To achieve nitrite accumulation for shortcut biological nitrogen removal (SBNR) in a biofilm process, we explored the simultaneous effects of oxygen limitation and free ammonia (FA) and free nitrous acid (FNA) inhibition in the nitrifying biofilm. We used the multi-species nitrifying biofilm model (MSNBM) to identify conditions that should or should not lead to nitrite accumulation, and evaluated the effectiveness of those conditions with experiments in continuous flow biofilm reactors (CFBRs). CFBR experiments were organized into four sets with these expected outcomes based on the MSNBM as follows: (i) Control, giving full nitrification; (ii) oxygen limitation, giving modest long-term nitrite build up; (iii) FA inhibition, giving no long-term nitrite accumulation; and (iv) FA inhibition plus oxygen limitation, giving major long-term nitrite accumulation. Consistent with MSNBM predictions, the experimental results showed that nitrite accumulated in sets 2–4 in the short term, but long-term nitrite accumulation was maintained only in sets 2 and 4, which involved oxygen limitation. Furthermore, nitrite accumulation was substantially greater in set 4, which also included FA inhibition. However, FA inhibition (and accompanying FNA inhibition) alone in set 3 did not maintained long-term nitrite accumulation. Nitrite-oxidizing bacteria (NOB) activity batch tests confirmed that little NOB or only a small fraction of NOB were present in the biofilms for sets 4 and 2, respectively. The experimental data supported the previous modeling results that nitrite accumulation could be achieved with a lower ammonium concentration than had been required for a suspended-growth process. Additional findings were that the biofilm exposed to low dissolved oxygen (DO) limitation and FA inhibition was substantially denser and probably had a lower detachment rate.

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Created

Date Created
2015-01-01

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Effects of pulsed electric field treatment on enhancing lipid recovery from the microalga, Scenedesmus

Description

Chloroform and methanol are superior solvents for lipid extraction from photosynthetic microorganisms, because they can overcome the resistance offered by the cell walls and membranes, but they are too toxic and expensive to use for large-scale fuel production. Biomass from

Chloroform and methanol are superior solvents for lipid extraction from photosynthetic microorganisms, because they can overcome the resistance offered by the cell walls and membranes, but they are too toxic and expensive to use for large-scale fuel production. Biomass from the photosynthetic microalga Scenedesmus, subjected to a commercially available pre-treatment technology called Focused-Pulsed® (FP), yielded 3.1-fold more crude lipid and fatty acid methyl ester (FAME) after extraction with a range of solvents. FP treatment increased the FAME-to-crude-lipid ratio for all solvents, which means that the extraction of non-lipid materials was minimized, while the FAME profile itself was unchanged compared to the control. FP treatment also made it possible to use only a small proportion of chloroform and methanol, along with isopropanol, to obtain equivalent yields of lipid and FAME as with 100% chloroform plus methanol.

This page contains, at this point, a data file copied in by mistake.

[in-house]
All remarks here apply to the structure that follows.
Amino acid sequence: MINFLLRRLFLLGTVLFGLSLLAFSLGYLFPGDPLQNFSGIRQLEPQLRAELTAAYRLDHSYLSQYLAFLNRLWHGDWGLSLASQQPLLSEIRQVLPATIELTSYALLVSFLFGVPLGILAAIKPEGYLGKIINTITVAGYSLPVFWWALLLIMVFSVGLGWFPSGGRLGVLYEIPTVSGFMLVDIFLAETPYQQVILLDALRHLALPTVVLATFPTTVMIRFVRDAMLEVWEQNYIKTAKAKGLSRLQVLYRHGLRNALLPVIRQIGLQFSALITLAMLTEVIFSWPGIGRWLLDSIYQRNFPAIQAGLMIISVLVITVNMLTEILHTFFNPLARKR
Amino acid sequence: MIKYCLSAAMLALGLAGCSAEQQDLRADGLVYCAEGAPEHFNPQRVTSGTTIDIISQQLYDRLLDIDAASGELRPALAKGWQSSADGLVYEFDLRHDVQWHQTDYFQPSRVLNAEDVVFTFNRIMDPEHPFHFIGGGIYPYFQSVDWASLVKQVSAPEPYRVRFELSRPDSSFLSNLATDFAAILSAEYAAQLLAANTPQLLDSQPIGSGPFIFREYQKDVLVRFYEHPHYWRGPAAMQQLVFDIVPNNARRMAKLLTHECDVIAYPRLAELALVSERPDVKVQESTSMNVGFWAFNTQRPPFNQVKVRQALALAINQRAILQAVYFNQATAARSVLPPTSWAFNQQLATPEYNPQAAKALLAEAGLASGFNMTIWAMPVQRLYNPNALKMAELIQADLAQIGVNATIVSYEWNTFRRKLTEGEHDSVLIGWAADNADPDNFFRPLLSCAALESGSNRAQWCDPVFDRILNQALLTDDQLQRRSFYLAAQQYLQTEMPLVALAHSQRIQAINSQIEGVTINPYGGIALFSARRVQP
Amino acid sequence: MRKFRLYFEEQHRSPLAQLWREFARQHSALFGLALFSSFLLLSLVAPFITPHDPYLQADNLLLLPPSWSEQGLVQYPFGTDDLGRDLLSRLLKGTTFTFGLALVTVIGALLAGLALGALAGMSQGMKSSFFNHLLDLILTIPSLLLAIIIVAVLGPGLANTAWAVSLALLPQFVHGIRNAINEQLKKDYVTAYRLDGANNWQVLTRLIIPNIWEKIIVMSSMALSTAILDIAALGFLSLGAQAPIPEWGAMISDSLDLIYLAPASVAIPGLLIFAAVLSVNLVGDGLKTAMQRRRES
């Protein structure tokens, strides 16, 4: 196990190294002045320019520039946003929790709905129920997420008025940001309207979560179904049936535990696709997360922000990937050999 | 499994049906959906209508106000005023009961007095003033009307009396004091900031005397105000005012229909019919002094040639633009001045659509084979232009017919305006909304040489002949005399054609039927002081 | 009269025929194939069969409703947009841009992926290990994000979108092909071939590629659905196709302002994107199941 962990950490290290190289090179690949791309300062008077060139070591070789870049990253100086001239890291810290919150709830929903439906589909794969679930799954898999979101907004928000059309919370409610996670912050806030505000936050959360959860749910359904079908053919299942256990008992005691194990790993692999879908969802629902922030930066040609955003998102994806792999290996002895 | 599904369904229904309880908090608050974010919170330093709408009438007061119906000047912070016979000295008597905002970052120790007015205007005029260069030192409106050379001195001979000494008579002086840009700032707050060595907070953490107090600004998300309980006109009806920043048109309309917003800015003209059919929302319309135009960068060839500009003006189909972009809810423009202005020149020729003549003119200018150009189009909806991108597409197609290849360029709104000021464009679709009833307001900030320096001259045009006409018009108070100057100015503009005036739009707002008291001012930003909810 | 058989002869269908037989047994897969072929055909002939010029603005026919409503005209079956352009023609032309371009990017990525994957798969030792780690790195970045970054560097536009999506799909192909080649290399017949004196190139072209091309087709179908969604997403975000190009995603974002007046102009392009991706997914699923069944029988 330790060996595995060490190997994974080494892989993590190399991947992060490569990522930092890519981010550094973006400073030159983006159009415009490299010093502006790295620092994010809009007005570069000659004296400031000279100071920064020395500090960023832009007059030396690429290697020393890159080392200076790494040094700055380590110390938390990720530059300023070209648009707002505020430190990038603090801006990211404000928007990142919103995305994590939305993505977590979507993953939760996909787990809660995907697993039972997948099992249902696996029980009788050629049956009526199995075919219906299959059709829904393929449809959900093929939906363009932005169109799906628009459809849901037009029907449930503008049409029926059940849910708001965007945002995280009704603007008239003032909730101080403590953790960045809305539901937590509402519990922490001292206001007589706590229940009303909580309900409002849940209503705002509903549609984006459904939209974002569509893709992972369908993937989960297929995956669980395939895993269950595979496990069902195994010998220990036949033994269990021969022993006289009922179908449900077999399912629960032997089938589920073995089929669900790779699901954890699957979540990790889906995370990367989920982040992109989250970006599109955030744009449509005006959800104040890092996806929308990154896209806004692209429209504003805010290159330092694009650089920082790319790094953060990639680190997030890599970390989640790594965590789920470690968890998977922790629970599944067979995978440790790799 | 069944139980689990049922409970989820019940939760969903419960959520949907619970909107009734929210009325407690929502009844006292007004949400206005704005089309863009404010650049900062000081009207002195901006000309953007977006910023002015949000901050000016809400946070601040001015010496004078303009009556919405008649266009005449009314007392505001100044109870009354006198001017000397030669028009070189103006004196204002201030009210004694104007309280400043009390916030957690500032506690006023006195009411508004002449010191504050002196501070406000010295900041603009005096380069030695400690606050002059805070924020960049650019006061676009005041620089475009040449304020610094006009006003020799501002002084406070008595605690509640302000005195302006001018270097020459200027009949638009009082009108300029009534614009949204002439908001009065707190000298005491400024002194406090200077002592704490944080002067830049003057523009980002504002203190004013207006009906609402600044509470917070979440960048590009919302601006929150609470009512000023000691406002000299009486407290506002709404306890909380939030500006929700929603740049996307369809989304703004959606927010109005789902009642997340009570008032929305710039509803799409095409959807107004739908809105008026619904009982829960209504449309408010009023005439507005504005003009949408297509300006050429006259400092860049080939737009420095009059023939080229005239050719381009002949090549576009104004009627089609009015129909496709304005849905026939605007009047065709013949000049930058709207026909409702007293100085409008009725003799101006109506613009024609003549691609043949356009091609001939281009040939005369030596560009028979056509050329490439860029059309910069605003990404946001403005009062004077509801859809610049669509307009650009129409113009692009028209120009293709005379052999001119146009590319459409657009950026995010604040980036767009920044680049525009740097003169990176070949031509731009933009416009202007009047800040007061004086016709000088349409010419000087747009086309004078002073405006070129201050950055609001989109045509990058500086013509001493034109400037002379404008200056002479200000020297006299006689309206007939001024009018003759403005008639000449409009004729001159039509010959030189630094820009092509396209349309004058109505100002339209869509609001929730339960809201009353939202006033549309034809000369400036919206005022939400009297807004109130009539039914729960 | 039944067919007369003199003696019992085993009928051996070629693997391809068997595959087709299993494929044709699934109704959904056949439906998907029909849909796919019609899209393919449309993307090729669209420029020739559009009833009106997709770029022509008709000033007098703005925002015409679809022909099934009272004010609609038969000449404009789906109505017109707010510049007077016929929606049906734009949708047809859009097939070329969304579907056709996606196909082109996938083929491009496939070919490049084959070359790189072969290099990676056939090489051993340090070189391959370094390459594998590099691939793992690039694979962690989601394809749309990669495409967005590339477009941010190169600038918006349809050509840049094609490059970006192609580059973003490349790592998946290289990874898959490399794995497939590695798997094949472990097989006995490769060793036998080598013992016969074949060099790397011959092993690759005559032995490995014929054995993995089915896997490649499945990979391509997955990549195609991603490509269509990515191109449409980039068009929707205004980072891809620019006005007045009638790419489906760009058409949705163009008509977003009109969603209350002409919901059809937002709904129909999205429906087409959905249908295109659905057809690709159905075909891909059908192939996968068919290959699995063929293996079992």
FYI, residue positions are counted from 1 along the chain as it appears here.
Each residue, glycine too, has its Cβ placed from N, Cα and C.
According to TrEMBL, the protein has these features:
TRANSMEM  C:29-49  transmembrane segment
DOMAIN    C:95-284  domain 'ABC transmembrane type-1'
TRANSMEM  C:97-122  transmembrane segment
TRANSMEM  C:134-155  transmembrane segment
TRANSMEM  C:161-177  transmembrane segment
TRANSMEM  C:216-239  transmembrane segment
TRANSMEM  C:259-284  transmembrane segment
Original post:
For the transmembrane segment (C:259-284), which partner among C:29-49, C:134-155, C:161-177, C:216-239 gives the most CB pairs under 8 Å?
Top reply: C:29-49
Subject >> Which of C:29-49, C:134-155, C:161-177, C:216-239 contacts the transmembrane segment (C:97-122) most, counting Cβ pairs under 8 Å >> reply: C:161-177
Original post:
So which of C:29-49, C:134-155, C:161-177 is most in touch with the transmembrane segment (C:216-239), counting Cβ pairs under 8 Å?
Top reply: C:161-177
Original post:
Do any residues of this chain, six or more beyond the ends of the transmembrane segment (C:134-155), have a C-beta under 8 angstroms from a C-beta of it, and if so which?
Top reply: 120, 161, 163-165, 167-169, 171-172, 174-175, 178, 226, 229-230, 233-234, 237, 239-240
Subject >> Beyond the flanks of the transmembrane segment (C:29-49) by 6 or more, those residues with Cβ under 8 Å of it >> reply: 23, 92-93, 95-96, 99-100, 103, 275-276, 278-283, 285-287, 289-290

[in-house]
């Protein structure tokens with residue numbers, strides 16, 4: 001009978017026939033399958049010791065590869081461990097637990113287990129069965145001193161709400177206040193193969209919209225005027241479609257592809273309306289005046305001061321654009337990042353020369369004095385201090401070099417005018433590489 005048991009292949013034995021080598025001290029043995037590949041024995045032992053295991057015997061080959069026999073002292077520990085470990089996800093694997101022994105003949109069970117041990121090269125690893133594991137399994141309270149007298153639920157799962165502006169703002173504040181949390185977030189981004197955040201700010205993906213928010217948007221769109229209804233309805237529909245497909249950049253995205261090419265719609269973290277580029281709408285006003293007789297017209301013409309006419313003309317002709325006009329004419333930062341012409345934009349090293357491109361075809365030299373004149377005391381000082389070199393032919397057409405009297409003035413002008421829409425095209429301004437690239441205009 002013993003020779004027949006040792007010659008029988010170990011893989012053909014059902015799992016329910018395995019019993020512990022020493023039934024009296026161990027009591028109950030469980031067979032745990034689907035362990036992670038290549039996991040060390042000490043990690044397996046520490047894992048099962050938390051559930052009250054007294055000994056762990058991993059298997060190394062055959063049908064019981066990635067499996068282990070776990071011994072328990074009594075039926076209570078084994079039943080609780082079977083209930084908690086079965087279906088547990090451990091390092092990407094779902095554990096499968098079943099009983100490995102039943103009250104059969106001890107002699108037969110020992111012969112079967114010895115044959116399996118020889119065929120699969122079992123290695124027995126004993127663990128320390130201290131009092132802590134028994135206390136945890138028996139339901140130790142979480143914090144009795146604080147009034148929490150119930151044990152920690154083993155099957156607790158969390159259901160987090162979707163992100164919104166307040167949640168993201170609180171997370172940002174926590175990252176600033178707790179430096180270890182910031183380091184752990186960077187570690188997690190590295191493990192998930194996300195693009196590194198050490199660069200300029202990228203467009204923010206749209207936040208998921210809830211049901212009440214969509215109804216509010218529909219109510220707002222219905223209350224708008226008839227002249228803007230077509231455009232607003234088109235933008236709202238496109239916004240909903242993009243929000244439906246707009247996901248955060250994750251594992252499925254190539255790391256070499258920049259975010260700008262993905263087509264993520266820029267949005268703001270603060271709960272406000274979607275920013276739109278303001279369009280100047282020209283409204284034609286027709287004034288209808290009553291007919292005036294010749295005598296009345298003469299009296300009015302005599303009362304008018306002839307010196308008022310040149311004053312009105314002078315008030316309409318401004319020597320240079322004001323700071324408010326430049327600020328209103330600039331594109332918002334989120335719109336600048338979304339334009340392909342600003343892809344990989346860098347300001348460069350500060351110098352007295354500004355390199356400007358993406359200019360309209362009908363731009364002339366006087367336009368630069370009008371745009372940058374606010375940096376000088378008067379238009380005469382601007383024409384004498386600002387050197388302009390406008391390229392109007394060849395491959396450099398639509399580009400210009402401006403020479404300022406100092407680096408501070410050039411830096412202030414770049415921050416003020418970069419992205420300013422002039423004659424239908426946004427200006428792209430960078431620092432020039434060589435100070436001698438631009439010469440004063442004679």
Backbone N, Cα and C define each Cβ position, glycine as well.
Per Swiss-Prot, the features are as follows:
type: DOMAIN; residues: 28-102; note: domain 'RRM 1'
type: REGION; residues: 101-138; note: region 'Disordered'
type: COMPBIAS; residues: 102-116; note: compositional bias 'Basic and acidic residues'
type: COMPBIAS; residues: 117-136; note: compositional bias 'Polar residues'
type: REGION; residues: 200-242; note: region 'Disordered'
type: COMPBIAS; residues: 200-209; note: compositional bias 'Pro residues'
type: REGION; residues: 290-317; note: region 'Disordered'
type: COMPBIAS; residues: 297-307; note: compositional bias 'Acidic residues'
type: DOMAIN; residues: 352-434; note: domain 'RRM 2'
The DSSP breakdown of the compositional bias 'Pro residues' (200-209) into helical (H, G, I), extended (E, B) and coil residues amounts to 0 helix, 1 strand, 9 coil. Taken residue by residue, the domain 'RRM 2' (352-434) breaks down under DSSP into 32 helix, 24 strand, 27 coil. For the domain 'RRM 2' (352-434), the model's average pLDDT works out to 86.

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Date Created
2014-12-01

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How UV photolysis accelerates the biodegradation and mineralization of sulfadiazine (SD)

Description

Sulfadiazine (SD), one of broad-spectrum antibiotics, exhibits limited biodegradation in wastewater treatment due to its chemical structure, which requires initial mono-oxygenation reactions to initiate its biodegradation. Intimately coupling UV photolysis with biodegradation, realized with the internal loop photobiodegradation reactor, accelerated

Sulfadiazine (SD), one of broad-spectrum antibiotics, exhibits limited biodegradation in wastewater treatment due to its chemical structure, which requires initial mono-oxygenation reactions to initiate its biodegradation. Intimately coupling UV photolysis with biodegradation, realized with the internal loop photobiodegradation reactor, accelerated SD biodegradation and mineralization by 35 and 71 %, respectively. The main organic products from photolysis were 2-aminopyrimidine (2-AP), p-aminobenzenesulfonic acid (ABS), and aniline (An), and an SD-photolysis pathway could be identified using C, N, and S balances. Adding An or ABS (but not 2-AP) into the SD solution during biodegradation experiments (no UV photolysis) gave SD removal and mineralization rates similar to intimately coupled photolysis and biodegradation. An SD biodegradation pathway, based on a diverse set of the experimental results, explains how the mineralization of ABS and An (but not 2-AP) provided internal electron carriers that accelerated the initial mono-oxygenation reactions of SD biodegradation. Thus, multiple lines of evidence support that the mechanism by which intimately coupled photolysis and biodegradation accelerated SD removal and mineralization was through producing co-substrates whose oxidation produced electron equivalents that stimulated the initial mono-oxygenation reactions for SD biodegradation.